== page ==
Recent reports of the finding of a gaming board during excavation as part of a project to investigate the location of the Monastery of Deer in north-east Scotland, home to the religious community who inscribed the Book of Deer in the tenth century, are exciting. The Book of Deer is a significant artefact, a relic from Continue reading Relaxation
Archaeology is a popular subject today and that is a good thing. Interesting narratives relating to the past are increasingly common and it is not unusual to find people incorporating material into general conversation. It is very different to my childhood and a big step forward. Continue reading The appeal of a good story
I’ve been working on a paper about the benefits to the archaeologist of exploring fiction. It is a hotly debated topic just now. Afficionados of the Netflix series ‘The Crown’ might have come across Hugo Vickers fascinating breakdown of the accuracy of the series. Readers of The Guardian, may have read Simon Jenkins’ Continue reading Is fiction really fiction?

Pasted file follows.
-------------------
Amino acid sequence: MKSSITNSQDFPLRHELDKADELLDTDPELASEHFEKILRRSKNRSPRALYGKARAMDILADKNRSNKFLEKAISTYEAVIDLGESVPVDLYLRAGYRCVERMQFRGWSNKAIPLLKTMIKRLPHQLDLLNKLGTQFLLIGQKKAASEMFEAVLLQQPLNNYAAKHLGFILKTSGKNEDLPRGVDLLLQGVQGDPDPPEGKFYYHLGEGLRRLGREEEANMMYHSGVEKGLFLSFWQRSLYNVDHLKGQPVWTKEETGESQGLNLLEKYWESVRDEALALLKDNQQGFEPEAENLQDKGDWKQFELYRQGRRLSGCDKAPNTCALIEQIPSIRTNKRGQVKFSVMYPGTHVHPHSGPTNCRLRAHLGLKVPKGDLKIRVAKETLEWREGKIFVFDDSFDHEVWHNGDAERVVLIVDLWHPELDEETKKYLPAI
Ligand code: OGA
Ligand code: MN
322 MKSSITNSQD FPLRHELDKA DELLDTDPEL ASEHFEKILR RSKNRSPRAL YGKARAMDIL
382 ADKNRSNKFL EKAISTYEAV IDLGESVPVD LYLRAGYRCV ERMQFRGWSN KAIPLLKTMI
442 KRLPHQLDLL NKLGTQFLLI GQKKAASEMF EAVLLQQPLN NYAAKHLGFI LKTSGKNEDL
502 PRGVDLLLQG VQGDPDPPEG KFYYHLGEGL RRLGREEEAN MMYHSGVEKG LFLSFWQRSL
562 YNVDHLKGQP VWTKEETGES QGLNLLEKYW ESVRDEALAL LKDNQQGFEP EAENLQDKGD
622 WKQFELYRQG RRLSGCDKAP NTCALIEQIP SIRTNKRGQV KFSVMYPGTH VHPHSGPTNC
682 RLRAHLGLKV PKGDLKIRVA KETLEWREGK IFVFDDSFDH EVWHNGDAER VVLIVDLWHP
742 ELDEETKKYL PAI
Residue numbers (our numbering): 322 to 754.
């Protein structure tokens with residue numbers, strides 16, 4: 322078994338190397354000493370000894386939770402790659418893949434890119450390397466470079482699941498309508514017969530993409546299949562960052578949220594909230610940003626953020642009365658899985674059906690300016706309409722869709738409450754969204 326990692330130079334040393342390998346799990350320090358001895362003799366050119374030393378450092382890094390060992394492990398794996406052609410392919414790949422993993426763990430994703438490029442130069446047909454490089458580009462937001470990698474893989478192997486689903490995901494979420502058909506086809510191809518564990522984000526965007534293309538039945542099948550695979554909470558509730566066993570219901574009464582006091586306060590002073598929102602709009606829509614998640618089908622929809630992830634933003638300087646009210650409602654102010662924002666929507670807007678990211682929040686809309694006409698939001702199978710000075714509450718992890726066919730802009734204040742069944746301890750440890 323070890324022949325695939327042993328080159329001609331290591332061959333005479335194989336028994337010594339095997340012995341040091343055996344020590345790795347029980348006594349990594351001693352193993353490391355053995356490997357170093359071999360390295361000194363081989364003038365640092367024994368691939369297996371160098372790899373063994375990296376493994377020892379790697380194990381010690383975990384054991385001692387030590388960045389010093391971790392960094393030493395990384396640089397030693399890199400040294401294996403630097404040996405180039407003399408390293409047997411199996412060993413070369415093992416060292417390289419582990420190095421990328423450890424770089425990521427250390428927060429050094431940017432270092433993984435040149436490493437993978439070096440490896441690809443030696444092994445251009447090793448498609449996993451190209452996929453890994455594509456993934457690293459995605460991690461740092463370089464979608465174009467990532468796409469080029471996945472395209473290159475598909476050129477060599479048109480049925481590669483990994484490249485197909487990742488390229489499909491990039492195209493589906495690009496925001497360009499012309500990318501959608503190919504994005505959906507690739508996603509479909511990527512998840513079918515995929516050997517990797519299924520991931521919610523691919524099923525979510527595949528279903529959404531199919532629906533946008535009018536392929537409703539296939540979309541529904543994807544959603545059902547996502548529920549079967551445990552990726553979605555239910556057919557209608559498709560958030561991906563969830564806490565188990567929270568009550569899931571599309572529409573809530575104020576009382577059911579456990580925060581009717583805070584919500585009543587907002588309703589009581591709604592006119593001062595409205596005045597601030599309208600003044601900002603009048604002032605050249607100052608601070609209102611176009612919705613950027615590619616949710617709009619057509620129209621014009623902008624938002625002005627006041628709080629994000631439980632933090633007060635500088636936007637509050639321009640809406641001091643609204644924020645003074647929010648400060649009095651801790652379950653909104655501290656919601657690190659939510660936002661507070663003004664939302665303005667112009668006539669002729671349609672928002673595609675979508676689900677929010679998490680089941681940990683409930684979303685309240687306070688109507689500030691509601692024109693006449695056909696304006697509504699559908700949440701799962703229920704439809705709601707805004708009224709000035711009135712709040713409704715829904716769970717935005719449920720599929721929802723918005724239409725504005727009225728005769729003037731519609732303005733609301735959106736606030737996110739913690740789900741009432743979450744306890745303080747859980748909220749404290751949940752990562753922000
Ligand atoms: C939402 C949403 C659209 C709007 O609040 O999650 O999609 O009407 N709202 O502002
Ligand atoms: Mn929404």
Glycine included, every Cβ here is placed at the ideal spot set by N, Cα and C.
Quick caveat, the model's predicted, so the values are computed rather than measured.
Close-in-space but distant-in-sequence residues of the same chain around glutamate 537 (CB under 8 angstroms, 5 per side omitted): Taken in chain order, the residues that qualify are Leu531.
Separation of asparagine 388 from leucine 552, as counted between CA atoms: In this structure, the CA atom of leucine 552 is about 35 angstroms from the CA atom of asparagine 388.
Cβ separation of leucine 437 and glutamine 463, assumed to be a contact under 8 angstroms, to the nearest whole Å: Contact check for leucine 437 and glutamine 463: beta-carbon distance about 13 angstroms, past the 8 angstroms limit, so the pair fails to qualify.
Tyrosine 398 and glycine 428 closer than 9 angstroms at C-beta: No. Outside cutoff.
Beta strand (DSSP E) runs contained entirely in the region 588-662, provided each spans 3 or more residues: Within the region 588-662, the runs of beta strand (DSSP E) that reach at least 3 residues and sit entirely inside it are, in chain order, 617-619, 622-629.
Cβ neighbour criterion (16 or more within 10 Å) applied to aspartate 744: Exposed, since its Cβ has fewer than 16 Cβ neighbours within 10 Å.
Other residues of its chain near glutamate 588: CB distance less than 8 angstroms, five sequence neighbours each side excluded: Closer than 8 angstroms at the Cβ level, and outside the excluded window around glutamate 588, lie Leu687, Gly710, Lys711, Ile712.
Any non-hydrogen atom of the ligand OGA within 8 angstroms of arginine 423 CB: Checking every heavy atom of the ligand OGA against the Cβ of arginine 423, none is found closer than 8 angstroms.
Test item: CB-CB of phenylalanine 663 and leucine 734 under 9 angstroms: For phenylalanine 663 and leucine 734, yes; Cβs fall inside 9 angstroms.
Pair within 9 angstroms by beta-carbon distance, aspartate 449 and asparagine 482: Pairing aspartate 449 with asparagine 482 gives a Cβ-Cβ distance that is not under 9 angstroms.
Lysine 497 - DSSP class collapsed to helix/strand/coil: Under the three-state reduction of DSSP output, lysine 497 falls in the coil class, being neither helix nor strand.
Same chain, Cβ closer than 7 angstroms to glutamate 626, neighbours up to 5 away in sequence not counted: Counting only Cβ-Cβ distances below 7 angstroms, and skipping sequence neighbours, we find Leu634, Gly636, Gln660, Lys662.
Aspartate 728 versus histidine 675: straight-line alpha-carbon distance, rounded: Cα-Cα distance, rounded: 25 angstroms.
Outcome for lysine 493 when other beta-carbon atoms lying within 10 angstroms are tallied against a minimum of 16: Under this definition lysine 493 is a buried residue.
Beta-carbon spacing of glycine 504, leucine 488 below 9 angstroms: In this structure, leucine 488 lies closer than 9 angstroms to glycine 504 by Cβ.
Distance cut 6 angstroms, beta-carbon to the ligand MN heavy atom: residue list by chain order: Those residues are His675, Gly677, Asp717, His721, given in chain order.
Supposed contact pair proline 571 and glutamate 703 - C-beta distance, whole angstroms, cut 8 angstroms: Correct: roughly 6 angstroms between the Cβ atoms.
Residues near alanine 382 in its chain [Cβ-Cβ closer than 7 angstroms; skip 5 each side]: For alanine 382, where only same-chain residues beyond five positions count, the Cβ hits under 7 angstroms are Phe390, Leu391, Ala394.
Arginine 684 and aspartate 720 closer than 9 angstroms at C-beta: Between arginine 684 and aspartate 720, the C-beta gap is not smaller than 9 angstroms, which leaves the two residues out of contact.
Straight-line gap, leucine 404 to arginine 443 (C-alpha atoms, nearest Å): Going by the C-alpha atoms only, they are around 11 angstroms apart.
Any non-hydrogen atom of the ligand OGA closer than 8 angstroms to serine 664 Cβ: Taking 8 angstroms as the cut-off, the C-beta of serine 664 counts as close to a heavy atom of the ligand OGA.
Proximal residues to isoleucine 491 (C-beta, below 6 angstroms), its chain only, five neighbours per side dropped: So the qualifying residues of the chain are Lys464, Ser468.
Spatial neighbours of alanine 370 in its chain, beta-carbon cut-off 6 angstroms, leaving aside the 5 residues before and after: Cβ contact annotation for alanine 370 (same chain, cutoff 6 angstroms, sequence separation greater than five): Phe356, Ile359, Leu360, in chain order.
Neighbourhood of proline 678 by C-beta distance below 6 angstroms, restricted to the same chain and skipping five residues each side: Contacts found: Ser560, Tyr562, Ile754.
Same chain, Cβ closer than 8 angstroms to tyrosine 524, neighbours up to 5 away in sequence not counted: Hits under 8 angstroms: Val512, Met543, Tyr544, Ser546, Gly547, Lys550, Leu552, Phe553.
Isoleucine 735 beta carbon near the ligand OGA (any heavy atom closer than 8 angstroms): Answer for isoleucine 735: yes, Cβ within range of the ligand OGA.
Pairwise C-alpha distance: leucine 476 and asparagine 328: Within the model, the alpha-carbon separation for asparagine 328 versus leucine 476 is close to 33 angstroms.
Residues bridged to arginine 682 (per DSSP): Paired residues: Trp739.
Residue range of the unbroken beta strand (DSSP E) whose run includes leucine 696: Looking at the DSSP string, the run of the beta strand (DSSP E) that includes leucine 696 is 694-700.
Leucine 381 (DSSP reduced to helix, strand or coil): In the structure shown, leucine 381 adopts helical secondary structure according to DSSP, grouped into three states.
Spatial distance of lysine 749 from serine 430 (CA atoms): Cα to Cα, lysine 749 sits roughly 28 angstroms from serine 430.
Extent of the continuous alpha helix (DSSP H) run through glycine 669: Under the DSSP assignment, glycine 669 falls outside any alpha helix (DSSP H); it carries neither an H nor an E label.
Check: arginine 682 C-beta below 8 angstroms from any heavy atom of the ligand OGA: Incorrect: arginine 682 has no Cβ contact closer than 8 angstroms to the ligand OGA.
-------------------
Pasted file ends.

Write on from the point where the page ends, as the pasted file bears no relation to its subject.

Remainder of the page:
It has been interesting to watch two television programmes recently which both discussed an explicit link between archaeology and contemporary global social politics. The ‘Cheddar Man’ programme on Channel Four earlier in February was keen to flag up the way in which confirmation that the indigenous hunter- Continue reading Political Archaeologies
One of the reasons I love archaeology is the way in which it challenges us to recognise and rethink our preconceptions. It is very easy to live in the cosy world of today and focus on reassuring feelings of stability. Practices of mindfulness, among others, encourage us to ‘live for the moment’ and, amidst the insecurites of the present, this is not something with which I would wish to disagree. Continue reading The challenging of preconceptions